Recent events in the global financial markets and macro economies have served as a strong reminder for a need of a coherent theory of capitalist crisis and analysis. This book helps to fill the gap with well-grounded alternative articulations of the forces which move today's economic dynamics, how they interact and how ideas of foundational figures in economic theory can be used to make sense of the current predicament. The book presents a comprehensive collection of reflections on the origins, dynamics and implications of the interlinked crises of the U.S. and global economies. The book is a thoughtful collaboration between Japanese heterodox economists of the Japan Society of Political Economy (JSPE) and non-Japanese scholars. It provides a unique immersion in different, sophisticated approaches to political economy and to the crisis. The book illustrates with the understanding of Marx's crisis theory and how it can serve as a powerful framework for analyzing the contemporary sub-prime world crisis. The book explains the subprime loan crisis as a crisis in a specific phase of the capitalist world system and concludes that it is a structural one which destroys the existing capital accumulation regime. It pays attention to structural changes and to how these changes beget profound and controversial consequences. The result is a must-read - one which truly contributes to the resurgence of radical analyses of the political economy, free from the market optimism of the main-stream economics.
crises of global economy and the future of capitalism
In order to READ Online or Download Crises Of Global Economy And The Future Of Capitalism ebooks in PDF, ePUB, Tuebl and Mobi format, you need to create a FREE account. We cannot guarantee that Crises Of Global Economy And The Future Of Capitalism book is in the library, But if You are still not sure with the service, you can choose FREE Trial service. READ as many books as you like (Personal use).
This book discusses the nature of the new global capitalism, the rise of a globalized production and financial system, a transnational capitalist class, and a transnational state and warns of the rise of a global police state to contain the explosive contradictions of a global capitalist system that is crisis-ridden and out of control.
The current economic crisis stems from a deeper crisis of cultural imagination and civilisational ethics: here is the starting point of this collection of essays which draw a new political economy facing the crisis of Western civilization. This book gathers together a range of audacious and provocative readings of Caritas in Veritate, the first papal encyclical that addresses issues immediately relevant for politic, economic, and social theory. These readings embody the kind of fruitful dialogue Pope Benedict XVI wanted to generate with his radical discourse for an alternative political economy.
This book provides new perspectives on recent Asian dynamism which go beyond the mainstream views, by attempting to situate the recent economic expansion within a broader analysis of capitalist accumulation and the various processes that it generates both within and across economies. The contributions in the book include analyses of recent growth patterns in both China and India; assessments of the sustainability of such growth and potential constraints and pitfalls; the role of international finance in affecting both national and international growth and employment patterns; the factors determining particular accumulation strategies and the results of these strategies. These forces within the two economies of China and India are situated within a broader assessment of the impacts on the world economy, by identifying long run tendencies in international capitalism and changing patterns of uneven development. Specific issues emerging within the Asian region are identified, including not just the relations between the three large Asian economies, but also the wider geopolitical implications as well as the political economy of these changes. This book therefore provides a more comprehensive examination of the longer run dynamics of the global capitalist system in which these economies are necessarily destined to play more significant roles in future.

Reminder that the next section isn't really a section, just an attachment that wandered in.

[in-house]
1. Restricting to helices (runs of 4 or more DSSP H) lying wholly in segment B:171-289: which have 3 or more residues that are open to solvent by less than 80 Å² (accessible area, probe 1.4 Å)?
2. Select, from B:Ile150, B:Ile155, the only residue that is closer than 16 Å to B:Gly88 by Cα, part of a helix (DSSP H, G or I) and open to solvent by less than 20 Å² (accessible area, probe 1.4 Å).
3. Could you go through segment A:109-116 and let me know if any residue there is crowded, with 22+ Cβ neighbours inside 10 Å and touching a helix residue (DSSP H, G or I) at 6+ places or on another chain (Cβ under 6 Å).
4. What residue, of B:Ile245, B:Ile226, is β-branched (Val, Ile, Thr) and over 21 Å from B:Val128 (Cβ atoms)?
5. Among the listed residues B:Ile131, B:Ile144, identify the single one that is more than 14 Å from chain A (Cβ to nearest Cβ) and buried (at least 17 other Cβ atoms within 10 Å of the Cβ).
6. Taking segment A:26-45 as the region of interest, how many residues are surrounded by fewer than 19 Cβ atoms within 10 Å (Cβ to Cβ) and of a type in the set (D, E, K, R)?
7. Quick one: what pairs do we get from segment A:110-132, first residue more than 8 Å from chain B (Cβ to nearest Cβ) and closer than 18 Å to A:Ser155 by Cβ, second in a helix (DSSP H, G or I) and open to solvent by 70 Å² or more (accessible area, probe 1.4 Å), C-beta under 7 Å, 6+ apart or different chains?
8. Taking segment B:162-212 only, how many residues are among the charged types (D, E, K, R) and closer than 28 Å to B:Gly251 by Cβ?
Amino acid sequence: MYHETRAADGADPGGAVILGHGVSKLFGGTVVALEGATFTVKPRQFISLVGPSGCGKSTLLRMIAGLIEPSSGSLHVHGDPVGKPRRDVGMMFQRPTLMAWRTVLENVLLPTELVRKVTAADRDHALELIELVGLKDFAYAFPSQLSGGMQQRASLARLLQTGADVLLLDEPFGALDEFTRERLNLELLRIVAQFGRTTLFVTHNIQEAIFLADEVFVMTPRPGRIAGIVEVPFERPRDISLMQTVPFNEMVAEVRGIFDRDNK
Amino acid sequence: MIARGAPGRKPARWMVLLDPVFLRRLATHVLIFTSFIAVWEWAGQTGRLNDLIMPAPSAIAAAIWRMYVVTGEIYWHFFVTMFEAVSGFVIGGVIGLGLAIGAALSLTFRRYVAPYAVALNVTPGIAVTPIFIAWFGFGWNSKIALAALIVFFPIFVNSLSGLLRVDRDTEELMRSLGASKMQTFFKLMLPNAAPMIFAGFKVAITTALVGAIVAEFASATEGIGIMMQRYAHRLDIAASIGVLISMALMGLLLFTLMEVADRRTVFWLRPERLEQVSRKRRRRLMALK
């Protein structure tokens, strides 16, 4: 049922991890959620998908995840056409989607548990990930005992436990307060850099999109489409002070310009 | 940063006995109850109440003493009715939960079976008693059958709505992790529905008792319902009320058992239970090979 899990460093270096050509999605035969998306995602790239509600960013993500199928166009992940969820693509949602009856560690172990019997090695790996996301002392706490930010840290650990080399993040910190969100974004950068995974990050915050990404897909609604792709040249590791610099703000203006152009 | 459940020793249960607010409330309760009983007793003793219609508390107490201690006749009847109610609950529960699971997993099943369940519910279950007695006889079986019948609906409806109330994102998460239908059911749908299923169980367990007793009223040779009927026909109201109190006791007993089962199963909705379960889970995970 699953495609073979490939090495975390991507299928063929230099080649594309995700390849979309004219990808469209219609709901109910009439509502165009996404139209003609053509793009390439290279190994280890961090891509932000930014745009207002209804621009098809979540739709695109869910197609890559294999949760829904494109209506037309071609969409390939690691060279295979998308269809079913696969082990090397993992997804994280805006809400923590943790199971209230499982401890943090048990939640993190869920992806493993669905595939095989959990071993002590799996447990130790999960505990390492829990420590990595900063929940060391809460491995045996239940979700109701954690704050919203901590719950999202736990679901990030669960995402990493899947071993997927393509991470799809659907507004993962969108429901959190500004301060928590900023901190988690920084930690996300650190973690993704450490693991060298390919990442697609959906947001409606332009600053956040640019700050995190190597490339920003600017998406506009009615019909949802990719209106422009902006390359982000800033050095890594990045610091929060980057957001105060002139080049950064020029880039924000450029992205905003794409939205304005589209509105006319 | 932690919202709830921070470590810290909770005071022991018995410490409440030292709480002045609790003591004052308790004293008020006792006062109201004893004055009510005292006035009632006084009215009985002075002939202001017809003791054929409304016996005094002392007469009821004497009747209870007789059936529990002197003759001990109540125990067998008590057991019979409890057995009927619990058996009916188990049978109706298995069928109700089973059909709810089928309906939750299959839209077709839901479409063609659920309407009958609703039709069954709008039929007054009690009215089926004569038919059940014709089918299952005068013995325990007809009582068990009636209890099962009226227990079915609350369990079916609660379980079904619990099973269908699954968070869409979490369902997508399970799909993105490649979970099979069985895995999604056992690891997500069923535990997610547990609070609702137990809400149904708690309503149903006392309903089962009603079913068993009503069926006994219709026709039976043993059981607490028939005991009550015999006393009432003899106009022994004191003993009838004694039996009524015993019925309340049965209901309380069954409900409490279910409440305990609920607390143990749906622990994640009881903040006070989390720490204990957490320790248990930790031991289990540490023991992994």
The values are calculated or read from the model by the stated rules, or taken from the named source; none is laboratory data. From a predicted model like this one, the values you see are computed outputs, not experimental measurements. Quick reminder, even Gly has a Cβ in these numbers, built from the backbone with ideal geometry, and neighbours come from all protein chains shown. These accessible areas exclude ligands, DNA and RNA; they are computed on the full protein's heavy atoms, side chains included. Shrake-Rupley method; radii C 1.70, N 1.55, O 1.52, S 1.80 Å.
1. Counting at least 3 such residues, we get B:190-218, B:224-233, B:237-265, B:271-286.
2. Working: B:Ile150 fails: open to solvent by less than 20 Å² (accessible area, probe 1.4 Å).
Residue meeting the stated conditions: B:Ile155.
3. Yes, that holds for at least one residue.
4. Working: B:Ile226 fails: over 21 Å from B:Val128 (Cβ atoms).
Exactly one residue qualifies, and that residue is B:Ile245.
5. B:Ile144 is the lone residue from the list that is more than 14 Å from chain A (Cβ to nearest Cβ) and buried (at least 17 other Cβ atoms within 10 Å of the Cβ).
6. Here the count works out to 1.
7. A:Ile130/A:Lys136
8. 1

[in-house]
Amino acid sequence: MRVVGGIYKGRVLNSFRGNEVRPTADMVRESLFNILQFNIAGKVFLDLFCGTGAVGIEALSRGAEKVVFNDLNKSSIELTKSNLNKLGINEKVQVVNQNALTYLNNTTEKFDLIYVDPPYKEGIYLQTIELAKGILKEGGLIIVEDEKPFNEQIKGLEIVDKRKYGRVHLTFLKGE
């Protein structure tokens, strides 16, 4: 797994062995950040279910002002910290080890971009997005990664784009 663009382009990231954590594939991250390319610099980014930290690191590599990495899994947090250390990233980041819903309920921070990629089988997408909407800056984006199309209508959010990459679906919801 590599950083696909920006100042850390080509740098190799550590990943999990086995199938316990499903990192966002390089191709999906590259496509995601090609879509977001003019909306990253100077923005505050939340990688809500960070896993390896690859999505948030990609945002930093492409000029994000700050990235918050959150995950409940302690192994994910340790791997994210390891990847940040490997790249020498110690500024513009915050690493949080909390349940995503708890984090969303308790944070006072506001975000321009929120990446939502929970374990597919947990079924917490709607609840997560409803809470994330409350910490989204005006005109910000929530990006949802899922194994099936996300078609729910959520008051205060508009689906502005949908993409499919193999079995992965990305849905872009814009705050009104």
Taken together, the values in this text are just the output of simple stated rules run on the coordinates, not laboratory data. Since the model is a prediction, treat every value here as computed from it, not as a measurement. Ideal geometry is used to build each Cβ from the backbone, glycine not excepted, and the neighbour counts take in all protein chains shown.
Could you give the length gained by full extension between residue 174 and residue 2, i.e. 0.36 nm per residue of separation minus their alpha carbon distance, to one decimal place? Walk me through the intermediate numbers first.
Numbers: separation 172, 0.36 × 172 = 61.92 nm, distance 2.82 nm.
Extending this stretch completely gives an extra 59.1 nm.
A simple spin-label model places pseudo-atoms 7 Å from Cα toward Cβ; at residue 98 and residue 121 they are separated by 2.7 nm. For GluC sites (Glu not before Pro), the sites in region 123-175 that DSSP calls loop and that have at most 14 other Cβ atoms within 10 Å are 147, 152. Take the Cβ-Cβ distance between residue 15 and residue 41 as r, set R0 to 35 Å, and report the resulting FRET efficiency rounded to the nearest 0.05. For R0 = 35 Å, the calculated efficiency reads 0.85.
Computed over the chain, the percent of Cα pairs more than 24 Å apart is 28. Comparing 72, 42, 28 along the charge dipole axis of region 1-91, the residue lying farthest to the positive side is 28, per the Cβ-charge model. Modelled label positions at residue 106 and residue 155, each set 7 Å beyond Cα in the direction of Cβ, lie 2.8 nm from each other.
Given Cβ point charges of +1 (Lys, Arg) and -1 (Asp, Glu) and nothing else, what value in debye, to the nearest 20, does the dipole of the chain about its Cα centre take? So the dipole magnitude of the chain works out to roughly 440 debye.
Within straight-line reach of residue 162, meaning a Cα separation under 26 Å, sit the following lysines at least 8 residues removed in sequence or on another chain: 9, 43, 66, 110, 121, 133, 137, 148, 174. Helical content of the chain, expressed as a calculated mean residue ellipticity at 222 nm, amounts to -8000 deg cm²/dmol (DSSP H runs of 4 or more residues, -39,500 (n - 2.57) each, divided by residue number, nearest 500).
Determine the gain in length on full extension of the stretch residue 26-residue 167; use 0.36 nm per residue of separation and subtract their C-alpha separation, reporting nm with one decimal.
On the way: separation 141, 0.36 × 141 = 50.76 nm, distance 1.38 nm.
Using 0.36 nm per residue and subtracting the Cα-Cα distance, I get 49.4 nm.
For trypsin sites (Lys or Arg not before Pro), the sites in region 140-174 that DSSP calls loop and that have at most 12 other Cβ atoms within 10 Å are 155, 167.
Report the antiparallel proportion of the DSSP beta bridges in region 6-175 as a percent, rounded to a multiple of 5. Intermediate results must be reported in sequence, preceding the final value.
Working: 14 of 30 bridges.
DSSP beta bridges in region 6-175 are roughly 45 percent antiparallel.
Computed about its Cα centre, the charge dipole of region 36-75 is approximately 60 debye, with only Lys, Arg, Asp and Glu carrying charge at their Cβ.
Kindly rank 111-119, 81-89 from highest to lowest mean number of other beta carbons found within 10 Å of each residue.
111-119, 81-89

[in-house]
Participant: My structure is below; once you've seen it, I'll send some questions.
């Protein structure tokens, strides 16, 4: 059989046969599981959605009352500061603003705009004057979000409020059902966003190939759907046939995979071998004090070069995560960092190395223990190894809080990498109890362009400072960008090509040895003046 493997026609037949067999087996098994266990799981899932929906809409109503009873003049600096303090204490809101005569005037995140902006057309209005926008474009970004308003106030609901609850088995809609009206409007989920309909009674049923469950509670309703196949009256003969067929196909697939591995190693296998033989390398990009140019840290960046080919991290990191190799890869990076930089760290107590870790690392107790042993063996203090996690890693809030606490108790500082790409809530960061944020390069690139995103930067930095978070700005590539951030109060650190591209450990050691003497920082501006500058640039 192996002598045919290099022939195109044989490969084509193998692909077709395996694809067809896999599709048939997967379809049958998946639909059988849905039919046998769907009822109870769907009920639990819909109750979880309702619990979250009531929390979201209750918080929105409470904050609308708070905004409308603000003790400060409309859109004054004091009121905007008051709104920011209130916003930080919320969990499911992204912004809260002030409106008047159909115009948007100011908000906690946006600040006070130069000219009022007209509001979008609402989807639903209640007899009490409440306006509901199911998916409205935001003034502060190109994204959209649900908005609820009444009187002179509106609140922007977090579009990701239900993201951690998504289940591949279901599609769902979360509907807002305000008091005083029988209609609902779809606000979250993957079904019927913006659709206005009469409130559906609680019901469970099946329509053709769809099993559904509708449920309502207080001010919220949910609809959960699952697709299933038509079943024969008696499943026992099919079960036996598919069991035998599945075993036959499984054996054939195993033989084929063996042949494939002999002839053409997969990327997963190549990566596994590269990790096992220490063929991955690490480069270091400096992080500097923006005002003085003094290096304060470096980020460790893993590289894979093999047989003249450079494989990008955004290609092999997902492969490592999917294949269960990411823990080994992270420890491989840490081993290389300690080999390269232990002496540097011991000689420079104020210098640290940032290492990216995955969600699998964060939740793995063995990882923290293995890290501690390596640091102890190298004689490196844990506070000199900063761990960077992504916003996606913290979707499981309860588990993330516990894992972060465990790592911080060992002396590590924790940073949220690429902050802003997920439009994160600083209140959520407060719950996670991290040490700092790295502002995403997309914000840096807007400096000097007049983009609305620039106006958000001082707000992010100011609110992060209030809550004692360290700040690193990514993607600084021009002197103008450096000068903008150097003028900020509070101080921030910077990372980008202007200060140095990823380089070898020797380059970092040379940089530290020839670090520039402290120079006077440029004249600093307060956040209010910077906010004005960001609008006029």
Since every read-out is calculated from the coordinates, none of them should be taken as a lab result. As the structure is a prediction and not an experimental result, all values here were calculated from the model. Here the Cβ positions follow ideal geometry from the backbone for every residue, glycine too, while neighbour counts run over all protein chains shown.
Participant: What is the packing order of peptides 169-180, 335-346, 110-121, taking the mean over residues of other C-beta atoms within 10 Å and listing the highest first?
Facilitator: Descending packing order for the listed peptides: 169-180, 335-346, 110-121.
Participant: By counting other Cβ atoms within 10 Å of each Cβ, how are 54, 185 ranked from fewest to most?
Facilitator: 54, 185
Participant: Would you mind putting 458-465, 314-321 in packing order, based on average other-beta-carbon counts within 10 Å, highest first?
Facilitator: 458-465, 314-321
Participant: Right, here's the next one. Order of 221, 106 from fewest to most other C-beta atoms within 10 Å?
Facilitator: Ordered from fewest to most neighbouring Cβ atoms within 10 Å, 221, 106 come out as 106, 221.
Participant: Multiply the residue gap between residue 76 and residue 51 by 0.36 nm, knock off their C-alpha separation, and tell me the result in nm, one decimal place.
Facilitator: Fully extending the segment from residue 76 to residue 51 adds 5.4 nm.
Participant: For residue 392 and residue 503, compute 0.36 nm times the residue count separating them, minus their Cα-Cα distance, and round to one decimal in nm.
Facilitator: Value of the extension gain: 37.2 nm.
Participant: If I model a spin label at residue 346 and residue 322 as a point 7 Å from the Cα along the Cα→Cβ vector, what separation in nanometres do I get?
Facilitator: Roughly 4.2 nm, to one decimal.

The past twenty years saw unprecedented growth and stability followed by the worst financial crisis the industrialised world has ever witnessed. In the space of little more than a year what had been seen as the age of wisdom was viewed as the age of foolishness. Almost overnight, belief turned into incredulity. Most accounts of the recent crisis focus on the symptoms and not the underlying causes of what went wrong. But those events, vivid though they remain in our memories, comprised only the latest in a long series of financial crises since our present system of commerce became the cornerstone of modern capitalism. Alchemy explains why, ultimately, this was and remains a crisis not of banking - even if we need to reform the banking system - nor of policy-making - even if mistakes were made - but of ideas. In this refreshing and vitally important book, former governor of the Bank of England Mervyn King - an actor in this drama - proposes revolutionary new concepts to answer the central question: are money and banking a form of Alchemy or are they the Achilles heel of a modern capitalist economy?
"In this updated edition Professor Wolff offers a rich and much needed corrective to the views of mainstreameconomists and pundits. He explains why capitalism's global crisis persists, why bank bailouts and austerity policies fail, and why deepening economic inequality now generates historic social tensions and conflicts and worsens the ongoing crisis."--